While our import and export to the two warring nations have been hit adversely, there are some sectors which stand to gain
The Russian invasion of Ukraine and subsequent sanctions slapped by the West on Moscow have played out in different ways for Indian trade. While our import and export to the two warring nations have been hit adversely, there are some sectors which stand to gain from it. Like the export demand for wheat and corn has shot up. Let’s delve into all these aspects and also looks into the problems that the importers and exporters are facing.
Trade with Russia and Ukraine is a small portion of India’s overall cross-border trade. However, specific commodities traded between the countries are important.
Mahindra and Mahindra group chief economist Sachchidanand Shukla told a financial daily that tea exports from India and sunflower oil imports could get affected.
He explained that 84% per cent of India’s sunflower oil imports came from Ukraine, while 13 per cent of India’s tea exports went to Russia. And, as the financial daily pointed out, supply disruption in sunflower oil could become a pressure point on India’s retail inflation. India is also a big importer of phosphatic fertilizers from Russia.
While on the other hand, Indian exporters to Russia and to the Commonwealth Independent States are reportedly facing uncertainty over goods worth 500 million dollars.
This is because of three broad reasons. First, the withdrawal of credit guarantee protection on commodities. Second, the restrictions on Russian banks. And, third, the disruptions at Baltic ports amid the Ukraine war.
The Federation of Indian Export Organisations has said that export cargoes to Commonwealth of Independent States countries have been impacted because no shipping line is willing to take consignments there. This is because there is no movement of ships through the Black Sea.
Indian exporters fear that payments worth about 400 million dollars might get stuck. This is because western nations have blocked many Russian banks from accessing the Society for Worldwide Interbank Financial Telecommunication, or SWIFT.
Exporters have found that many buyers do not have the ability to make payments in any foreign currency or from a third-party or country. But, they have shown willingness to make payments in the ruble.
Against this backdrop, multiple sources told Business Standard that the government might soon allow bilateral trade between Russia and India in their national currencies. Such a step would be taken to avoid any trade disruptions. The rupee-rouble trade arrangement will bypass the sanctions imposed on Russia by the West.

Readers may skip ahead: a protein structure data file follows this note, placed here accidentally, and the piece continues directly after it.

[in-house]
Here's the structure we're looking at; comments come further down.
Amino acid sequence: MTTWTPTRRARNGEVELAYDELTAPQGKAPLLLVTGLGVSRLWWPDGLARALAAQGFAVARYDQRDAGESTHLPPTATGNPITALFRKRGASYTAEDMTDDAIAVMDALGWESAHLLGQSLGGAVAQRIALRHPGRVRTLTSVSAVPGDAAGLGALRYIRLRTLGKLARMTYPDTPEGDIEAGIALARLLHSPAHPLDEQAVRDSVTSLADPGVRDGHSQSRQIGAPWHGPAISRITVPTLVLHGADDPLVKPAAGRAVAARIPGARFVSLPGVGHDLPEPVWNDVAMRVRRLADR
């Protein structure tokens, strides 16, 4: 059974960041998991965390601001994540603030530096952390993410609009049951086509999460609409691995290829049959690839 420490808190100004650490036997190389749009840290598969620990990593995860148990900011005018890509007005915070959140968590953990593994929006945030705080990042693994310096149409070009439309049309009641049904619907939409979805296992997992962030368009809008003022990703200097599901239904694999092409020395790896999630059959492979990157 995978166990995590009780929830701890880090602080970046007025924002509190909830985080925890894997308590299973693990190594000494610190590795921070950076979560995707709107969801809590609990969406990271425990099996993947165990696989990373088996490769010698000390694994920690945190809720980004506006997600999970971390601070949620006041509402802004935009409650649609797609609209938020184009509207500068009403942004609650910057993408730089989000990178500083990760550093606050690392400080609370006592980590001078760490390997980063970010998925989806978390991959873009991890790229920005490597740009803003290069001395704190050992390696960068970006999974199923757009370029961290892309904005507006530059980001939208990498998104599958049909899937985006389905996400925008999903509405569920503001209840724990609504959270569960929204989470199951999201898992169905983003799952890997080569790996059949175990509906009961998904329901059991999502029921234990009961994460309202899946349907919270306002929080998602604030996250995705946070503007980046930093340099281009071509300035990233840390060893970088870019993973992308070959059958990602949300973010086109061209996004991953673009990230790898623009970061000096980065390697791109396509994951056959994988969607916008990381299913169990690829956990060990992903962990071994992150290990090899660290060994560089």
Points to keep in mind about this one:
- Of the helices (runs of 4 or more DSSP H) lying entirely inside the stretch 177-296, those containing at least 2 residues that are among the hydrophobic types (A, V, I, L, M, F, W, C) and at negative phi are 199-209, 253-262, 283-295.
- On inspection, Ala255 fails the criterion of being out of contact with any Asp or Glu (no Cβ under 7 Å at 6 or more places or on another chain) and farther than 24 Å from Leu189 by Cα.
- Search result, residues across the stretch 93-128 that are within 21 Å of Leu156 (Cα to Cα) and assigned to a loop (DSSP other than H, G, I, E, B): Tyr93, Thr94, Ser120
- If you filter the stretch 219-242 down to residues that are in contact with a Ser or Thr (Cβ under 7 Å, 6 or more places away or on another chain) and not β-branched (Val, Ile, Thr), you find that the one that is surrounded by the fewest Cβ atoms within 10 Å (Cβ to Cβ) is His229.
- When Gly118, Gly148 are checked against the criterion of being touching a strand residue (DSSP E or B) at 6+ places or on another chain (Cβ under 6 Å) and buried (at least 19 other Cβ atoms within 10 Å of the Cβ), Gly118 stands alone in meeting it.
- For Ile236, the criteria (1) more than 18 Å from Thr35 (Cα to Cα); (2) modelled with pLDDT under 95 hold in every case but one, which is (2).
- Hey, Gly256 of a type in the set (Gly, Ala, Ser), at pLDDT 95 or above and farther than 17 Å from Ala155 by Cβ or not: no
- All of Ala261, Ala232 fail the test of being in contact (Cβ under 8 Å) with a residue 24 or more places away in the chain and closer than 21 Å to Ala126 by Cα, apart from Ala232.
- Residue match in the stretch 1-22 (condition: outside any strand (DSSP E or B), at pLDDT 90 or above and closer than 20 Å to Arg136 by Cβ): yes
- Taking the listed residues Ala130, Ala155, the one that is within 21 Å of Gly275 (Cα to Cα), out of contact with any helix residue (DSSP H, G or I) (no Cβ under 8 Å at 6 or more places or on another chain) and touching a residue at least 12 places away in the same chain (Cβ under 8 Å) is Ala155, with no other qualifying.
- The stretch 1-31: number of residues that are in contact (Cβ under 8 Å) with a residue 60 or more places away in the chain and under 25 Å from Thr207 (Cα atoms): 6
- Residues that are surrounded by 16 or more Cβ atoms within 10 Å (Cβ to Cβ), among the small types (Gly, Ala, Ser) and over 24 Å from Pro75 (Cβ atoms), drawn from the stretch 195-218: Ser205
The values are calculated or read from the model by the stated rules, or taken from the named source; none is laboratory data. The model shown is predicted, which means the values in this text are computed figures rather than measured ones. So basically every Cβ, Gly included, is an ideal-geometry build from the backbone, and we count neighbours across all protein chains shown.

Mahesh Desai, chairman of the Engineering Export Promotion Council, said:
* India goods find their way to central Asia through Ukraine’s Odessa port
* Uncertainty over goods in transit, payments because of SWIFT ban
* Govt should extend help to affected exporters
India-Ukraine bilateral trade
* $2.3 billion: India-Ukraine bilateral trade so far in FY22
* This includes $372 million exports and about $2 billion imports
* $2.5 billion: India-Ukraine bilateral trade in FY21
India-Russia bilateral trade
*$9.4 billion: India-Russia bilateral trade so far in FY22
* This includes $2.55 billion exports and $6.9 billion imports
* $8.1 billion: India-Russia bilateral trade in FY21
Citing sources, another news organisation reported that the sanctions would have a negative impact on India’s trade with Russia when it comes to commodities such as automobile components, pharmaceuticals, engineering goods, agricultural products, and telecom equipment.
In particular, Union Finance Minister Nirmala Sitharaman is concerned about exports of Indian farm produce to Ukraine and Russia being disrupted.
However, there is a silver lining too. According to a recent report by one financial daily, export demand for Indian wheat, corn, and spices has seen a significant rise after Russia invaded Ukraine. International trade would be shifting sourcing to India since supplies from the two counties have come to a halt.
Russia holds sway in the world metals supply. According to Crisil Research, Russia and Europe together account for nearly 10 per cent of global primary aluminium supply. As far as the steel trade is concerned, it is the second largest exporter with a 13 per cent share. As worsening tensions threaten supply, exporting countries including India may step in to plug any gap. Russia exports around 30-33 million tonnes (MT) of steel.
Meanwhile, a new agency reported that India is considering guarantees of lenders’ letters of credit and soft loans for exporters hit by a cash squeeze following. The government is also mulling asking state-owned banks to lend to exporters at reduced rates or provide funds to them directly up to the amount of pending payments from Russia and Ukraine.
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